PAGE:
The above uses branching stories in a way similar to French New Wave cinema, revealing/ providing perspectives that are questionable when compared to other movies, but to itself a coherence exists.

The long story in a dream narrative allows branching story lines, for you the author can force upon the reader that any branch eventually leads to your set conclusion. In one version if the boy is run over on pupose, or by chance, need not stop the vehicles forward progress, although the nature of the character can certainly alter.

Episodes, seems a functional form to allow branching variables, but arriving back to a known future heading point.

What I find difficult in reading branching story lines
are references to "You," the shock of being pulled out of a story's absorbing flow, and restrictions to how I would likely react. The confusion of dreams, with a sliver trail may provide a solution.

The NARRATOR set my thoughts down this lines of consideration, for war is a nightmare, and to have experienced that story from the mind of one of the inmates seemed so right. A mind that was interacting with decisions to kill, flee, laugh, run shouting with joy into the arms of the enemies' sight only not to be seen,and seemingly unable to do. Or for a moment do I take flight with the Dead Head Moth, seeking a droplet of honey for my thirst, or to expend memories of my youth and a failed chance to father fairer wings then my own, only to return burned by a passing bullet?

Thank you for being for it certainly has been a joy.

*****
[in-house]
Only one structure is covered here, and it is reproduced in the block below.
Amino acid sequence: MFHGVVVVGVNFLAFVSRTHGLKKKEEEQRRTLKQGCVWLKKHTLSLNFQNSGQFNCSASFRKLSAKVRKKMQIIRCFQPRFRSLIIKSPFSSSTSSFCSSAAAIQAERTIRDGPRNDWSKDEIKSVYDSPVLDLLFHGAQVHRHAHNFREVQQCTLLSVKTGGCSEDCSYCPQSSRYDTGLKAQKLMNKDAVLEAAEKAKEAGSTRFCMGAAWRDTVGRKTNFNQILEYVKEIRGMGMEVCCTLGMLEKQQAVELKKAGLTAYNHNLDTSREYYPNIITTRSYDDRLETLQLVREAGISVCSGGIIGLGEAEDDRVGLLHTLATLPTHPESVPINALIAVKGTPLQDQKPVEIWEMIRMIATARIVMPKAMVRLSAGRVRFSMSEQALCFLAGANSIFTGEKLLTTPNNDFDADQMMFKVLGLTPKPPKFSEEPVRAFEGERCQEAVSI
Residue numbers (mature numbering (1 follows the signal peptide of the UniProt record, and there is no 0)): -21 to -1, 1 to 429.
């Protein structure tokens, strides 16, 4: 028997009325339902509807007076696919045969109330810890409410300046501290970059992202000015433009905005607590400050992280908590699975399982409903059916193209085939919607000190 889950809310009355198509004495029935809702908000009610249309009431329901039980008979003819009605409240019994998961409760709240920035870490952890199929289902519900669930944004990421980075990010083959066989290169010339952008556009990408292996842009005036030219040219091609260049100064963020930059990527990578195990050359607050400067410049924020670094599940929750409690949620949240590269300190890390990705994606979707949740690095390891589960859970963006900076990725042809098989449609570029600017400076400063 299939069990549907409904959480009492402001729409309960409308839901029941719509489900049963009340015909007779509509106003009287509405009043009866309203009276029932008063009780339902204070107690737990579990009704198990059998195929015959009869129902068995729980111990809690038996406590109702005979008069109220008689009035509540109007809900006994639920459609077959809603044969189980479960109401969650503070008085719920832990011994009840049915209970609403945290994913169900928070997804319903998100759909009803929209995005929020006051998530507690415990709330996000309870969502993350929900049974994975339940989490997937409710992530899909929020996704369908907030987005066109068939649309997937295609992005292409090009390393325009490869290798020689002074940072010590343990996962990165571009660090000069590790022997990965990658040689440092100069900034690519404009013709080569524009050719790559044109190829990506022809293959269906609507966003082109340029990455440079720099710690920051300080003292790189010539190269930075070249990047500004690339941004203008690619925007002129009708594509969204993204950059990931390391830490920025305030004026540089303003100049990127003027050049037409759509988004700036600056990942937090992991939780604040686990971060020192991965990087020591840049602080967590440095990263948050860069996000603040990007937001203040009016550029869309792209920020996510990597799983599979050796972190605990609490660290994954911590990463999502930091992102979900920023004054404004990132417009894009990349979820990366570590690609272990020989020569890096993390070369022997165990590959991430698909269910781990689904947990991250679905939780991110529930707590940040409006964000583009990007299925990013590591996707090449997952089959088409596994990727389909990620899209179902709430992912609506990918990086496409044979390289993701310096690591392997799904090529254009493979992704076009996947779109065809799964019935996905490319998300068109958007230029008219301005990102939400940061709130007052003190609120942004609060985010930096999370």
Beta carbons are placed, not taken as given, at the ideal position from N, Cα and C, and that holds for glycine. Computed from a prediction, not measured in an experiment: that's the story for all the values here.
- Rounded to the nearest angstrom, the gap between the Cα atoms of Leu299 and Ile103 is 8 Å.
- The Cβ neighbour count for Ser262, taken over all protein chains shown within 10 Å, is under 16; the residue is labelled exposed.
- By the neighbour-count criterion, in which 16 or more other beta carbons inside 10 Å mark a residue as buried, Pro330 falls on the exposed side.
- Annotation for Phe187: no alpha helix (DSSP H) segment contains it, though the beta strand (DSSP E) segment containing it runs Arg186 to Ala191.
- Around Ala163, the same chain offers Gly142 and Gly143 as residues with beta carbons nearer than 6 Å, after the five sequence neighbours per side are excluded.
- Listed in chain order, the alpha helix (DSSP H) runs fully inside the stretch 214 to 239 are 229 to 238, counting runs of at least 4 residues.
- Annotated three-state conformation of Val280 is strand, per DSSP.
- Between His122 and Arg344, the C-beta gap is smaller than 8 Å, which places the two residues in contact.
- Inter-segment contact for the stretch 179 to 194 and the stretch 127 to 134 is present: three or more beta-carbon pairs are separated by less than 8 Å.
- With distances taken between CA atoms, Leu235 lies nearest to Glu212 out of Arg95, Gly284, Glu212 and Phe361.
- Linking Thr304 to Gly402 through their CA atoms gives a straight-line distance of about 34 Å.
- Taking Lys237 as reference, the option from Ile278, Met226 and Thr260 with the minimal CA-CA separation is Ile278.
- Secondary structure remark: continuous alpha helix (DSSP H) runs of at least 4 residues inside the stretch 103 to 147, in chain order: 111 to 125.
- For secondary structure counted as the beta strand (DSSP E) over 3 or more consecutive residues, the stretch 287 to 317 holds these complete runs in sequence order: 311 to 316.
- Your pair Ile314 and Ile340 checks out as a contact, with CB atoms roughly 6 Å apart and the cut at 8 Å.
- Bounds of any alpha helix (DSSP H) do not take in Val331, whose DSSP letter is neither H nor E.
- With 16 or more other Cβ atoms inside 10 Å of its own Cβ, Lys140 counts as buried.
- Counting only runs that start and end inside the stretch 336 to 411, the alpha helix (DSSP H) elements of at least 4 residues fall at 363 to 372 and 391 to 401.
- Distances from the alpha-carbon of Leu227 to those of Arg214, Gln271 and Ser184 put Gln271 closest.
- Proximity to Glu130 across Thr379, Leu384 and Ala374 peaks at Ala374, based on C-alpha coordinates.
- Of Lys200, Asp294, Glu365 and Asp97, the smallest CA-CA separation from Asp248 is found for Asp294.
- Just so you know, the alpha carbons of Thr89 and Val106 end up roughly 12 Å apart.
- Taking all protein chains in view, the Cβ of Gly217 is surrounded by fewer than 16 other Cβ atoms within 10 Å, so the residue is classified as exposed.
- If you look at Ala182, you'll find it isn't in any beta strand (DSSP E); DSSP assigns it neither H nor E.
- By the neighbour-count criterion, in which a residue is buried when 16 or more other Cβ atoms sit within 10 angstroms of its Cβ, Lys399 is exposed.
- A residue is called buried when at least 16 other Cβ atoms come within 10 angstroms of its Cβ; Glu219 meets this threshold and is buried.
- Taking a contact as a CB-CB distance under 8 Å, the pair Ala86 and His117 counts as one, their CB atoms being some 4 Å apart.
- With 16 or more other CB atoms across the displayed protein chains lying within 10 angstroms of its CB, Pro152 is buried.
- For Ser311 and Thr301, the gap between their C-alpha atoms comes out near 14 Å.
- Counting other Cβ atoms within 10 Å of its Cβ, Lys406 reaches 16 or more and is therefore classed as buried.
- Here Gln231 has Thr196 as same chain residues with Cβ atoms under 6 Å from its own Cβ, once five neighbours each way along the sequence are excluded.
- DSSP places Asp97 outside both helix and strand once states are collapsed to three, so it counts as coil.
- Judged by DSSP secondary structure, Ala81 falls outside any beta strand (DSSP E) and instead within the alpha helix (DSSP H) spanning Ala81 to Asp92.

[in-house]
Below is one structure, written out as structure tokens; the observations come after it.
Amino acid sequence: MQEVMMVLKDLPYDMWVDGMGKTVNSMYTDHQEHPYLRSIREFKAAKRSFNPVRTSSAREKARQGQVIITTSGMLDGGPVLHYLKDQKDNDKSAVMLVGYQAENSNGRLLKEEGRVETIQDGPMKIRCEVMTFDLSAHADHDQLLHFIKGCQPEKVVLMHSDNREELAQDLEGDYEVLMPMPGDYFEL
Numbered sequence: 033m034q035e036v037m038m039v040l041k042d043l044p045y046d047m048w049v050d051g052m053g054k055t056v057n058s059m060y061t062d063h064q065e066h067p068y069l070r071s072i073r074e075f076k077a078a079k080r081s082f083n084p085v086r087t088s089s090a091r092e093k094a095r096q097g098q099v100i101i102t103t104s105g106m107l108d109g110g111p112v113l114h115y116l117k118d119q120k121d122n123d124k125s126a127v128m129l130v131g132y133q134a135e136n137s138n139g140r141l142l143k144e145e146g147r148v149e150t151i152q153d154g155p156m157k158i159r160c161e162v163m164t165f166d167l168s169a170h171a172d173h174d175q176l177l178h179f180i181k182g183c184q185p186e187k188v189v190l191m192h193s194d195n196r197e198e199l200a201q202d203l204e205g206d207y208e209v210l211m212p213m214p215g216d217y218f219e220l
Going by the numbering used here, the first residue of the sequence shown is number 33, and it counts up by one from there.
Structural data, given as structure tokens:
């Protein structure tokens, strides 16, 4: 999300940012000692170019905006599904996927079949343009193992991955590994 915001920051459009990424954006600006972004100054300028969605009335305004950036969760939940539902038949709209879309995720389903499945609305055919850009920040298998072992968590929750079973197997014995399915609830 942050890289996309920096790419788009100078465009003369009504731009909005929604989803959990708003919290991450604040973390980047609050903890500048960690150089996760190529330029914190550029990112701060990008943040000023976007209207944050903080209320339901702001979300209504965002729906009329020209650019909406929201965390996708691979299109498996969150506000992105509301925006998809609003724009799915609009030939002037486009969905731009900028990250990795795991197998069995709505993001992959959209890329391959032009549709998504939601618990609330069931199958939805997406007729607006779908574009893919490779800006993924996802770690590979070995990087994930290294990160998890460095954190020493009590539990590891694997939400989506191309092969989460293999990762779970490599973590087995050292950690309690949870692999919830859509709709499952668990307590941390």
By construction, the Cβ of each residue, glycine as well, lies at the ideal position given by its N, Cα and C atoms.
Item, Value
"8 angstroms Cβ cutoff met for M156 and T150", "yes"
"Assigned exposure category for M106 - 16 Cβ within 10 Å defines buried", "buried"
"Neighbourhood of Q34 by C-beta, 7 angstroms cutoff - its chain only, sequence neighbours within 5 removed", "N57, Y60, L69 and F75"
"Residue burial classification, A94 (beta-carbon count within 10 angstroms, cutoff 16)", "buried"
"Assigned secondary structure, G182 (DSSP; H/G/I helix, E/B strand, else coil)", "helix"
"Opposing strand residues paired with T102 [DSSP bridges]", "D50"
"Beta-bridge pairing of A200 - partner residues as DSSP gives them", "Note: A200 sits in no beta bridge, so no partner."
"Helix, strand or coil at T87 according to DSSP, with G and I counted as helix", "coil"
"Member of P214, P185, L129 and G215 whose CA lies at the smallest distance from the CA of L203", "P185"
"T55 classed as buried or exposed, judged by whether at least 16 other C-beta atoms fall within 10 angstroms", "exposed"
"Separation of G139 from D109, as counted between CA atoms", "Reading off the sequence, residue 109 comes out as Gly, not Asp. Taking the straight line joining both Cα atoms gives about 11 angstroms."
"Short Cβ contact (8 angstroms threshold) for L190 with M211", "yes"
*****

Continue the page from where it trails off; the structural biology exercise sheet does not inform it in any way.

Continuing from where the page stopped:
MCisco said...

Rightly or wrongly, people think in terms of cause and effect. So the weird happenings, some of them anyway, have to become bindingly efficient in the ensuing story. Unity is one of the things that makes the novel what it is; you can scrap unity of course, but I don't think doing that would lead to anything all that gratifying unless there were some point, which is still a kind of unity. So, if you have to deal with unity, you then can work out some perverted unity and keep it from locking up your project.

I think that the narratives we tell ourselves about our waking hours are already pretty dreamlike, that dreams don't have to work all that hard to make themselves dreamy.

I like episodes, but when I read episodic writing I begin to get more and more frustrated and nostalgic for something with a single, copious time, instead of all these local times. Episodic time keeps throwing me back on my own time, while copious time gives me scope to spread out.
You can dictate choices, this or that, to readers, but for one thing I don't know that readers really make those choices, and secondly I think there's something bullying about those kinds of choices. If you really want to give the reader "room to interpret," with scare quotes around it because I don't know exactly what that means even if I can't do without the idea, then don't give them choices, give them a lot of room and a lot of time. Not so much French New Wave, maybe, or alongside it, I want Tarkovsky all the time.

Anonymous said...

Brillant! Tarkovsky, sums up your writing so well. Give the story the time it needs to unfurl, and it's weird wondrous reality is begatted.

If there could be a "machine," that is an absolute observer of human life, with a langaunge able to communicate pure unfiltered reality, what indeed might it reveal of the stories we tell ourselves?

Weirdmonger said...

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DF Lewis